|CSSA VOL.82, September-October 2010 No.5|
|Mazapil, Zacatecas: diversity and conservation of cacti in a poorly known arid region in northern Mexico||David Brailovsky Signoret & Héctor M Hernández|
|More Weird Saguaros||Bill Thornton & Matts Myhrman|
|Succulents that cope with climatic diversity||Brian Lamb|
|Succulents on Stamps Saguaros||Peg Spaete|
|Part II Cylindropuntia||Fred Katterman|
|Superb Succulents||Duke Benadom|
|Book Reports: Flowering Plants of Africa; Bradleya; Agaves, Cacti and Yuccas of Californua and Nevada|
|A Picture is Worth a Thousand Words||Irwin Lightstone|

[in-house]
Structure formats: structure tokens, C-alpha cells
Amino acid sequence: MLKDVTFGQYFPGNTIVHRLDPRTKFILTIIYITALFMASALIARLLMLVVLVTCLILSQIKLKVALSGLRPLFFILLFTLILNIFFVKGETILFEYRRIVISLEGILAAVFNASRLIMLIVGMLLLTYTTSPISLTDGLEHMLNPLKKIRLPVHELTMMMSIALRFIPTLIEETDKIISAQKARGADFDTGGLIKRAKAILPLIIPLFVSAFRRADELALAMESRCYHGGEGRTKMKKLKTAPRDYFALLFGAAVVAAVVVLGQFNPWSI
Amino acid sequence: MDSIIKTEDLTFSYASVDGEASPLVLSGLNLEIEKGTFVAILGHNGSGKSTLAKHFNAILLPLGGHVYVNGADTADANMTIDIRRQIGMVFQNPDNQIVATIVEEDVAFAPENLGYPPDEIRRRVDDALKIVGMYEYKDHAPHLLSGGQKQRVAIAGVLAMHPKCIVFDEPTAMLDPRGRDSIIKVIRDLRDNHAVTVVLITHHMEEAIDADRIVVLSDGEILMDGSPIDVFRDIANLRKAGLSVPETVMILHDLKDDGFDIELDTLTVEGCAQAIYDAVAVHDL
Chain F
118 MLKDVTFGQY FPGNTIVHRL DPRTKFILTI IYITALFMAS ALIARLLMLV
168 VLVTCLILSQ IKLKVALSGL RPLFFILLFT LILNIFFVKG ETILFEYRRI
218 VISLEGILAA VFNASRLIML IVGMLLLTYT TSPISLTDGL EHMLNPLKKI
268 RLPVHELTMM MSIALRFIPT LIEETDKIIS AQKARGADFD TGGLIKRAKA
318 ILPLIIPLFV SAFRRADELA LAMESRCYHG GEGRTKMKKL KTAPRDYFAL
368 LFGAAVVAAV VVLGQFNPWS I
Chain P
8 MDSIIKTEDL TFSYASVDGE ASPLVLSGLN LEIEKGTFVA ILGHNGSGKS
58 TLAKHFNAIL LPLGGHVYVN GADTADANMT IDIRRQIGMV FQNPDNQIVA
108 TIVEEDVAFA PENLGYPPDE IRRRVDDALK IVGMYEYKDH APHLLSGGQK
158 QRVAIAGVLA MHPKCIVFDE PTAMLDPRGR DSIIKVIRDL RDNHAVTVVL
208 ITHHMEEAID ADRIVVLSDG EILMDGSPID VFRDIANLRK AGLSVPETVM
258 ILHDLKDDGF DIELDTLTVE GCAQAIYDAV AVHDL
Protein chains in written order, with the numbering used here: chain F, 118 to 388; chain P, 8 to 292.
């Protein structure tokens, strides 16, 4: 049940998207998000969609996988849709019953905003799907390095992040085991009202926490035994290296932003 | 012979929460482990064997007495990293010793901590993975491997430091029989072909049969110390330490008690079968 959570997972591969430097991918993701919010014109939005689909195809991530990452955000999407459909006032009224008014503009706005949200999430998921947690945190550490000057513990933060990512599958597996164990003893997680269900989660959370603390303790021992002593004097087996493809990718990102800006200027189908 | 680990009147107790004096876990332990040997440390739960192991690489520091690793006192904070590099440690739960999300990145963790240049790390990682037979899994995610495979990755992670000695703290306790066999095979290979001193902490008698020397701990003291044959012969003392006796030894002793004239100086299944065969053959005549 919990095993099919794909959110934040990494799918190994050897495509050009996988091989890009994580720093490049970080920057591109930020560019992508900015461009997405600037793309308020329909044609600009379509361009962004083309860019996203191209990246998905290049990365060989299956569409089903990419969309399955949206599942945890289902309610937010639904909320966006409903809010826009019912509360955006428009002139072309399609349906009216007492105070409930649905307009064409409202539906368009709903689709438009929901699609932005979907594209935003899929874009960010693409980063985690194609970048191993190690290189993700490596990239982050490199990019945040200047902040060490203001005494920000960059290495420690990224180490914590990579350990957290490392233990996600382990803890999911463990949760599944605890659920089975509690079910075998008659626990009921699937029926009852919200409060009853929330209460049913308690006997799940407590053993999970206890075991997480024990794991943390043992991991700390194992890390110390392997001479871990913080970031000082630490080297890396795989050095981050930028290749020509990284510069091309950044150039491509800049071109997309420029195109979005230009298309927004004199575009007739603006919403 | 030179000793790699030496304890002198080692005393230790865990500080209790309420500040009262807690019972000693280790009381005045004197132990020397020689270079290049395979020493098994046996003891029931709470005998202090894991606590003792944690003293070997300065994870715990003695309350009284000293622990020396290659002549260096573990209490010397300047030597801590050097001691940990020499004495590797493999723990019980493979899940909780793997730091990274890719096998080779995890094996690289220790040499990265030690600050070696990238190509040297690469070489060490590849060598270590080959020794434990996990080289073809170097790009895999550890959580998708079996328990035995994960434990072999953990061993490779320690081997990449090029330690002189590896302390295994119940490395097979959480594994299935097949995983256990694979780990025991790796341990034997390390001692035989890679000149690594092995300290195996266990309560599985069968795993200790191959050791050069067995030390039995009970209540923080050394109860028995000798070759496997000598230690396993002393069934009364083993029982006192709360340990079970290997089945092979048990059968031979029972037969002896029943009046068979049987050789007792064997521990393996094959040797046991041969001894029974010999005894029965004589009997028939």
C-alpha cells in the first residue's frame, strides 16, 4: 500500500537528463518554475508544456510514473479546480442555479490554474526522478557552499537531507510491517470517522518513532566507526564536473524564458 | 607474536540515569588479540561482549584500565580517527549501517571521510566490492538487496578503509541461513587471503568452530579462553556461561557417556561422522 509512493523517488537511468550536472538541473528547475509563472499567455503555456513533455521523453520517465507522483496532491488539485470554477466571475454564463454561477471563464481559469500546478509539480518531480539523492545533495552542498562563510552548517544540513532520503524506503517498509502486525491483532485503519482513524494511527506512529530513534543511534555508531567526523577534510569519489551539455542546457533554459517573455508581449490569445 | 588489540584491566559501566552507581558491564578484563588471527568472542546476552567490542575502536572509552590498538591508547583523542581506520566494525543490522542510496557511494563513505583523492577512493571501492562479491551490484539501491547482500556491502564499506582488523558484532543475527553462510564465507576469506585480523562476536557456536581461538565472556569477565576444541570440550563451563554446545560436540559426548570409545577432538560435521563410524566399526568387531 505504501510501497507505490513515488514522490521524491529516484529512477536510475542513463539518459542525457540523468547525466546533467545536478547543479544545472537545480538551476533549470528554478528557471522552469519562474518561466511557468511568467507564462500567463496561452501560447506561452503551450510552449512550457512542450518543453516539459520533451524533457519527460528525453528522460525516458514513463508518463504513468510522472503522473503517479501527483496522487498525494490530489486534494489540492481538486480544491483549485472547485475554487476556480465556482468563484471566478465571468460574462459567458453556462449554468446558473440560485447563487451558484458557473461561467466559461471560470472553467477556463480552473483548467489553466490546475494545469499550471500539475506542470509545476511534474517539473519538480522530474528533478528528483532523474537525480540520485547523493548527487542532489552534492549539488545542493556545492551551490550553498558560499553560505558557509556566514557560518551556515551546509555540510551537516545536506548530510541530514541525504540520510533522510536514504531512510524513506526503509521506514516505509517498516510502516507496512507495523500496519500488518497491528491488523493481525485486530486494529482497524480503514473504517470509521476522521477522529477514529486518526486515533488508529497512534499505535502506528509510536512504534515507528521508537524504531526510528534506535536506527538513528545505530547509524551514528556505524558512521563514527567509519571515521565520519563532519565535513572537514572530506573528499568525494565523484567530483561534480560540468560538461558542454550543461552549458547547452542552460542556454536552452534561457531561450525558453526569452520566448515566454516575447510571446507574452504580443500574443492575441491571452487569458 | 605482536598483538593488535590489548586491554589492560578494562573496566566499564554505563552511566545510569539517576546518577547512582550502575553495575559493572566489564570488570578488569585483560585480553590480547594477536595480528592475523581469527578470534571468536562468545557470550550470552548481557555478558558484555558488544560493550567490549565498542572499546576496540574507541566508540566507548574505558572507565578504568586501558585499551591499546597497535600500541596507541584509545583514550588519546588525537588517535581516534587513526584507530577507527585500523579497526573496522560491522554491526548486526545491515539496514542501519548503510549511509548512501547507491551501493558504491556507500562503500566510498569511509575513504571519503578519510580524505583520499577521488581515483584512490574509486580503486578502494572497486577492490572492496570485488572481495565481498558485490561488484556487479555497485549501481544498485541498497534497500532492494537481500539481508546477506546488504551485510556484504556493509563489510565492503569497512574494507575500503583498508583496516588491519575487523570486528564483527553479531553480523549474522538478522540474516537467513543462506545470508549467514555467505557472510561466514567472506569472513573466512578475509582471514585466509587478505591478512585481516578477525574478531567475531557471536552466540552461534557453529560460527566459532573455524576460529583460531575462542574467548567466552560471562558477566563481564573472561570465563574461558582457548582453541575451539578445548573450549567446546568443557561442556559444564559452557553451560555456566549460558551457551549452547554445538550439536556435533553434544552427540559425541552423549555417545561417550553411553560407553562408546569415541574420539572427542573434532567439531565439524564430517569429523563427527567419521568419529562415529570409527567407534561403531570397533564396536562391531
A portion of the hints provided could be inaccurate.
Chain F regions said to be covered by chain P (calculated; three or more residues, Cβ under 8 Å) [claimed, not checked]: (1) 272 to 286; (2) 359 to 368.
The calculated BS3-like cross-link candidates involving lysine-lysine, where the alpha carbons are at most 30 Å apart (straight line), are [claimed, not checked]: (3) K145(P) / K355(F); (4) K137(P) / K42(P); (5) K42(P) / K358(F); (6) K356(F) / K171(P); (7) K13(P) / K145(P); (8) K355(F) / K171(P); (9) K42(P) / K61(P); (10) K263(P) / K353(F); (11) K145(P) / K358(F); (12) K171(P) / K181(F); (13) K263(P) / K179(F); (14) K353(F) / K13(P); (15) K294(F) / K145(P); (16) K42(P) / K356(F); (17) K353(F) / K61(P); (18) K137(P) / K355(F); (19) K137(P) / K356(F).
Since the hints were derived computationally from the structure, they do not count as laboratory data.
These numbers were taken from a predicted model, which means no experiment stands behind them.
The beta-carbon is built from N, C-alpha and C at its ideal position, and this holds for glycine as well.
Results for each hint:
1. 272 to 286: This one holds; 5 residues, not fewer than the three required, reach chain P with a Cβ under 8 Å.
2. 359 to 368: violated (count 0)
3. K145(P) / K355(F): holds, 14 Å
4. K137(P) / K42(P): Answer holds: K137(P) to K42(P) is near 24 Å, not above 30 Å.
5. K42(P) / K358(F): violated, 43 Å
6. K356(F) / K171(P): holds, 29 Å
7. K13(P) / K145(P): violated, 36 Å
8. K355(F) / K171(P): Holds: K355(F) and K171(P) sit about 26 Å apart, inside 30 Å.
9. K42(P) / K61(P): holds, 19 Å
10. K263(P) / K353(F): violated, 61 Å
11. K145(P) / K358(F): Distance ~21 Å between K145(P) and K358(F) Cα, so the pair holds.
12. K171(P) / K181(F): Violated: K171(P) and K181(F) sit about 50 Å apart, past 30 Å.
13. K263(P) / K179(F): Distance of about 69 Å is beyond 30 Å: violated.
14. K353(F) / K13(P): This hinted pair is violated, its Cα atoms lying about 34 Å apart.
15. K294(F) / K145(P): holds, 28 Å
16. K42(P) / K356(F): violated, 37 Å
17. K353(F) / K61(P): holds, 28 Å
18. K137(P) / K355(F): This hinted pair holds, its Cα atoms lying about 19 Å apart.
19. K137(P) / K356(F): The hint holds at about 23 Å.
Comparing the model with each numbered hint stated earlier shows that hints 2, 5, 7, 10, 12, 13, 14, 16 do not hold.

|Cactus Tips Pterocactus fischeri|
On the cover Irwin Lightstone captured this magnified image of a Pseudolithos migiurtinus in flower. His unusual photographic techniques enable him to create masterful images that are seldom witnessed with the naked eye. Check out his article on page 220 of this issue!
From Irwin: For years, I grew my Pseudolithos migiurtinus because of it's unique texture and chunky growth pattern. When it flowered, the inflorescence looked like cute miniatures of other stapeliads, but not really important. They were just too small to really see. By magnifying them 3.75x, their other-wordly details emerge. In a family where so many of the larger stapeliads have achieved a legendary status despite their smell, the flowers of Pseudolithos migurtinus have their own unique charm. To extend the field-sharp focus, multiple images were merged into a single image by using a process known as focus stacking.